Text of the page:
So what’s the issue?  Underinsurance is the issue.  Gotcha factor!!  If the amount of insurance that is actually being carried is less than the 80% shown above, the coinsurance clause fires up.  This is the way that insurance companies insure that they are getting a fair premium for the coverage offered, while allowing the policy holders to self appraise building values.

Here are some numbers as an example.  The current market value of your building is  $500,000.  By the 80% formula, you must buy $400,000 in property coverage.  Should you have a claim, the adjuster calculates the coinsurance to see if it is in compliance.  $500,000 X 80% = $400,000.  All is well and your policy pays 100% of your claim.

Let’s assume, though, that you become busy with business and life and fail to review the value of the building for five years. Every year, you tell your agent, “Renew as is – Nothing’s changed.” Because of increased costs of construction due higher labor and material costs, or because the market in your area has shifted, the building now has a valuation of $700,000.  After the loss, the adjuster again uses the coinsurance formula- $700,000 X 80% = $560,000.  Uh-Oh.  You should have been carrying (and paying premium on) $560,000 in policy coverage.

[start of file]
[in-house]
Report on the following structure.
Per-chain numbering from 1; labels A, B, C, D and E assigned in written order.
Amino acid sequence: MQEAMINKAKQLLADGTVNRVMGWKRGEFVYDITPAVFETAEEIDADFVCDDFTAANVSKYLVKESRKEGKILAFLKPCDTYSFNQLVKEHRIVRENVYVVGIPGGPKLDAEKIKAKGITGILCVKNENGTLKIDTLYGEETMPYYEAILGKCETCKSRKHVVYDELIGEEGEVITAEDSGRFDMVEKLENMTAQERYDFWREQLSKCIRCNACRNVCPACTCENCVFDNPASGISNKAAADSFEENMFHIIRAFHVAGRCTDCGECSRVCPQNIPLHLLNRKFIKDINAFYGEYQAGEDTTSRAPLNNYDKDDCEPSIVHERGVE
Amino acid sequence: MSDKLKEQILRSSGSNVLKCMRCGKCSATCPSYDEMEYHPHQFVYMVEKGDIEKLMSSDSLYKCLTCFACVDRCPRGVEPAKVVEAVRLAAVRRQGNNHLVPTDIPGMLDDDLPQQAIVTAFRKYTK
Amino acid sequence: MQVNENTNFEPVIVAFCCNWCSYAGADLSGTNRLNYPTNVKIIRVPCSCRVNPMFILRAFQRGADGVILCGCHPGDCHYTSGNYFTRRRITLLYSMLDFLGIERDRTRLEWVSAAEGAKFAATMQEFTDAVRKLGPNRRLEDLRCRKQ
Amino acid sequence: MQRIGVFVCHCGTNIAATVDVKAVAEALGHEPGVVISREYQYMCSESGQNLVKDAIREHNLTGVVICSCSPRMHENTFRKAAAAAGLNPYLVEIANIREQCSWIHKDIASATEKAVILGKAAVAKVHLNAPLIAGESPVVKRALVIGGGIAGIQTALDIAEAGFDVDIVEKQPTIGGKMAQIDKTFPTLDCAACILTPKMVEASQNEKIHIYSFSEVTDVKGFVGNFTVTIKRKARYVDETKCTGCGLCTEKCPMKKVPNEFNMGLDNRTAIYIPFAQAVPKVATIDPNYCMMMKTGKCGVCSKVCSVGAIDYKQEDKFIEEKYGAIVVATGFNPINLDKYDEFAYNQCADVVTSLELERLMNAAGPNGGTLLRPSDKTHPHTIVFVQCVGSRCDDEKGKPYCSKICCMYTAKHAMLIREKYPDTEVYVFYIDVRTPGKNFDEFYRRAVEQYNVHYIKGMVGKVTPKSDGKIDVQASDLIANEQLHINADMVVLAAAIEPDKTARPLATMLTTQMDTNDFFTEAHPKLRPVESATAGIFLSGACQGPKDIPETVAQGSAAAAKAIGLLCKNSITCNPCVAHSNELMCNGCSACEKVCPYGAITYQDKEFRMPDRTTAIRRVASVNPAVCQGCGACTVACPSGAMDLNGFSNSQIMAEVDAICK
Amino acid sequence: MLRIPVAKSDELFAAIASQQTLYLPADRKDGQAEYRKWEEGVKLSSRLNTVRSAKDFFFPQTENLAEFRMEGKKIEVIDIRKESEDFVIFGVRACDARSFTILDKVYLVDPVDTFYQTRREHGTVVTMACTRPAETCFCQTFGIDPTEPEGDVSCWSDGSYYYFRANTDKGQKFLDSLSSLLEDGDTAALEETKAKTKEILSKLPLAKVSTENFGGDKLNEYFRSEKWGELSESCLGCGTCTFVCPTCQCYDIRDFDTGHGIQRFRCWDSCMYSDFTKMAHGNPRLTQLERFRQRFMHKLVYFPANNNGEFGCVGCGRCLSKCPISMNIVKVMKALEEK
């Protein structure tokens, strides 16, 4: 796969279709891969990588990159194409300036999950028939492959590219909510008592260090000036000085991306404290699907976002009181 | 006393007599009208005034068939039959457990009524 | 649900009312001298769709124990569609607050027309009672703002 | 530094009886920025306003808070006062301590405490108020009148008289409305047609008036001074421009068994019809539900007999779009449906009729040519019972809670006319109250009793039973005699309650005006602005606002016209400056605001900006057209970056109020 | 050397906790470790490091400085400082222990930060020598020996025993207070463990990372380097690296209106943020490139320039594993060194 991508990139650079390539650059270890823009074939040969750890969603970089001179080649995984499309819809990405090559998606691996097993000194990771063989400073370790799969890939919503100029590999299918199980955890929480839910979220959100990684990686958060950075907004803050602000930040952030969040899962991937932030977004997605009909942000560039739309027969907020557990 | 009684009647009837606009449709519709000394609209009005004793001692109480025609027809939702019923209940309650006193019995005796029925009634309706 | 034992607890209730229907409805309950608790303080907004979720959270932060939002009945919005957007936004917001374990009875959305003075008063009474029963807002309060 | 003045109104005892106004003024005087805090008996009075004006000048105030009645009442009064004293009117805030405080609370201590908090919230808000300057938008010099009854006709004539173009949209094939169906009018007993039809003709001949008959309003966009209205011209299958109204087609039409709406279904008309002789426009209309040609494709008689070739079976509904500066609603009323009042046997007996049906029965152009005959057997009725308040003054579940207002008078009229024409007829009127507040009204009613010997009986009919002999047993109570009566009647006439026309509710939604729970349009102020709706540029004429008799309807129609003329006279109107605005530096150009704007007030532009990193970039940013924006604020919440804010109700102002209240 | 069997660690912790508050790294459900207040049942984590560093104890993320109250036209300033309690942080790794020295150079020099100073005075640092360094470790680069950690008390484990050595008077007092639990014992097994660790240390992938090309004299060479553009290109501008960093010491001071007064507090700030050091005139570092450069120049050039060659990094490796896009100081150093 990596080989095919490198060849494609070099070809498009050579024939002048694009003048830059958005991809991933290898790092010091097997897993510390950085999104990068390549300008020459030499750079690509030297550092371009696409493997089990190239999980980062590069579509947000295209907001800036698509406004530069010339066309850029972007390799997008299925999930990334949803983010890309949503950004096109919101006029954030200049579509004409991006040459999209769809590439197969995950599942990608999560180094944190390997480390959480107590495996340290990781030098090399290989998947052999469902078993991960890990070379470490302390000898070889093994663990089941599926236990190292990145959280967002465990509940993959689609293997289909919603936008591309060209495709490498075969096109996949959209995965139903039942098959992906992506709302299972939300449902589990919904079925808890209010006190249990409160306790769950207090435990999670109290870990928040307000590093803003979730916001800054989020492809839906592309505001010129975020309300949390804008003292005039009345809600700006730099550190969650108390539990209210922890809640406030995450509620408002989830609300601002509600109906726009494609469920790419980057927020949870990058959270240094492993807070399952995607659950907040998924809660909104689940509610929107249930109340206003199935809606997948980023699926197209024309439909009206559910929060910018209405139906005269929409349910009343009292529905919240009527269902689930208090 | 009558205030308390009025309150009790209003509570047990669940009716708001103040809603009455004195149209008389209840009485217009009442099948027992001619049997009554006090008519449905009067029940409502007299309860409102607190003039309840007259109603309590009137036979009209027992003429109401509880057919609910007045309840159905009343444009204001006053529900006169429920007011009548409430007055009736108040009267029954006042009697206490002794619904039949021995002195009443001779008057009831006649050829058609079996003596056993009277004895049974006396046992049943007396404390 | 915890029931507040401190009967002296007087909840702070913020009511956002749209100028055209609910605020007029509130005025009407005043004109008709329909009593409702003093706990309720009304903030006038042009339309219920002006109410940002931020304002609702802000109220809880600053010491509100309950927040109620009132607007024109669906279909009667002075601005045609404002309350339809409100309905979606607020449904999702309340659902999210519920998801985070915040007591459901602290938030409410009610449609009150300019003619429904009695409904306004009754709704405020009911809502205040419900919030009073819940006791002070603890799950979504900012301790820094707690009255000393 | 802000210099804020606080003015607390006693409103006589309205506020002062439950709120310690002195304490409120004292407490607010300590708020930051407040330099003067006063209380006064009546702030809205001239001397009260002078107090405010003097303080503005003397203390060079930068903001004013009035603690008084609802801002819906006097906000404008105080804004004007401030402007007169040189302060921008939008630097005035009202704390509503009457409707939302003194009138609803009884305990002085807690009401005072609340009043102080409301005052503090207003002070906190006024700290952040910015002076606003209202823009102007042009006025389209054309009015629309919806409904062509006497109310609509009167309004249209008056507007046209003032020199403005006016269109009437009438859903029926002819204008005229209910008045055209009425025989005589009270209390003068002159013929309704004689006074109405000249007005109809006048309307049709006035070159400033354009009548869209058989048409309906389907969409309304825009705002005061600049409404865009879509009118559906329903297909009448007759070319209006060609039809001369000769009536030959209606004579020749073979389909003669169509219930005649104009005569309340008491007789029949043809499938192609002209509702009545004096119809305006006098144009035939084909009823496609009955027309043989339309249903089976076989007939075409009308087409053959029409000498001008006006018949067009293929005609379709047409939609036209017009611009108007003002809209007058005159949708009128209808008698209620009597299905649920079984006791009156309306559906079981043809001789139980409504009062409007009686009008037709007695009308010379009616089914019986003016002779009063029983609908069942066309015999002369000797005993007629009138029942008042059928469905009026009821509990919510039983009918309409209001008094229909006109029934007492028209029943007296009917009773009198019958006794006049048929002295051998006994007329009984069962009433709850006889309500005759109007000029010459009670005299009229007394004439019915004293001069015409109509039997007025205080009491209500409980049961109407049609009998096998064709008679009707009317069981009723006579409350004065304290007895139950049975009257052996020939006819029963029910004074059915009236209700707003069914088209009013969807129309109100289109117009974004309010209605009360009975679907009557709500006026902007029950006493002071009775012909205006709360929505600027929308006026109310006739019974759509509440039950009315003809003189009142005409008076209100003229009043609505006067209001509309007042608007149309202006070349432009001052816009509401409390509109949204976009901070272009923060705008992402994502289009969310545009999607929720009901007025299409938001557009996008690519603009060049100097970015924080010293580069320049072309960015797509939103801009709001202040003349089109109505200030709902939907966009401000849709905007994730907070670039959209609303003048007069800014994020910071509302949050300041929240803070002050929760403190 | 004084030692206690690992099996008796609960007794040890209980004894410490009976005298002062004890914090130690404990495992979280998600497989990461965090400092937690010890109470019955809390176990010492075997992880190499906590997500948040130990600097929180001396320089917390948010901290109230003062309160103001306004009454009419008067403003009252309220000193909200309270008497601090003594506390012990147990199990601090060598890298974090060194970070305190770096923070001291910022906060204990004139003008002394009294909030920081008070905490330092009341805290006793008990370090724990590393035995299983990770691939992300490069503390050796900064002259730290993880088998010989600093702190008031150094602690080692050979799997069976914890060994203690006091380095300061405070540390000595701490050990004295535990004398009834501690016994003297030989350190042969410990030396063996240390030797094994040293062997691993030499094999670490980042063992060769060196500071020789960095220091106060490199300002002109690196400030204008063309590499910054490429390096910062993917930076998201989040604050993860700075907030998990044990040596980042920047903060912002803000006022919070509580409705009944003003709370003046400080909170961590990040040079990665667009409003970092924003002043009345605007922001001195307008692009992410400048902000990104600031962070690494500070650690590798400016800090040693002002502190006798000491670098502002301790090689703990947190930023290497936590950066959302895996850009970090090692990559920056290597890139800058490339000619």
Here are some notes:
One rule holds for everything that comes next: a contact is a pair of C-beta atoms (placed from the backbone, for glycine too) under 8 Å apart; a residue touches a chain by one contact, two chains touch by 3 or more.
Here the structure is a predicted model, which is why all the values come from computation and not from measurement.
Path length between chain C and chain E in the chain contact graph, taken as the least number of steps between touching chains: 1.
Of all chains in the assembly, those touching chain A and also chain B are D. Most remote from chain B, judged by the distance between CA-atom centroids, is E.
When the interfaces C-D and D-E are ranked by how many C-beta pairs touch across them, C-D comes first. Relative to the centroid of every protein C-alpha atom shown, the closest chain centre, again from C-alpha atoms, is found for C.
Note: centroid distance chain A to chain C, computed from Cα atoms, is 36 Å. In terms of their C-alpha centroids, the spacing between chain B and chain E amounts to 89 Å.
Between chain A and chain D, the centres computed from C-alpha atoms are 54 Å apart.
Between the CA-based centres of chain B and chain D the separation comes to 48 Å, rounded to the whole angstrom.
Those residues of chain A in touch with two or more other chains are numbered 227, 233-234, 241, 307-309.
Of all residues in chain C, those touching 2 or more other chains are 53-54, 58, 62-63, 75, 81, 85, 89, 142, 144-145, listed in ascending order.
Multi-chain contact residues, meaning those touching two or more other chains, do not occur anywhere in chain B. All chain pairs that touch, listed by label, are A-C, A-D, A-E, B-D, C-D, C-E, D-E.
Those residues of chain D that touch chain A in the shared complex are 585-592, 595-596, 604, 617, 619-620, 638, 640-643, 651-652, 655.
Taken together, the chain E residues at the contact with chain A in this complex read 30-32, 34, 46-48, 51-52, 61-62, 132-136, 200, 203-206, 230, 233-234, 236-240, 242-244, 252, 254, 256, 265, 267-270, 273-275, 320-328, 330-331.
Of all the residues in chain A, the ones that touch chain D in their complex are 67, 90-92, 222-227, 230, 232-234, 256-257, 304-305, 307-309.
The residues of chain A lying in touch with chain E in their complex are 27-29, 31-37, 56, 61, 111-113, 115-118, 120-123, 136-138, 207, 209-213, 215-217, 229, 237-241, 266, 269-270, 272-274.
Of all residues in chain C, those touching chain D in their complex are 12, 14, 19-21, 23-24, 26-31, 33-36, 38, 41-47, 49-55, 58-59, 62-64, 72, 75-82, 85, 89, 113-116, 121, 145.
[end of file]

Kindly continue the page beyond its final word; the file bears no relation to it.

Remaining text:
Now the formula says you are paid your claim based on a percentage developed by dividing the AMOUNT OF INSURANCE YOU SHOULD BE CARRYING INTO THE AMOUNT OF INSURANCE YOU ARE CARRYING.  You have $400,000 of insurance and should be carrying a minimum of $560,000.  Now we divide $400,000 by $560,000 = 71.5%.  Assuming a damage repair bill of $250,000, your policy now pays out only $178,750 ($250,000 X 71.5%).  This is a $71,250 penalty.   Think about how much adequate insurance would have cost over five years.  Not this much. 

Something to watch:   Even if you have the building in compliance of the selected coinsurance provision, don’t insure the property for the compliant value (i.e. don’t insure a $500,000 building for $400,000) as you can create an almost immediate coinsurance penalty, especially in times when building costs and market values rise.  My suggestion is to always insure the property for 100% of value (either market value or replacement cost) with an 80% coinsurance clause.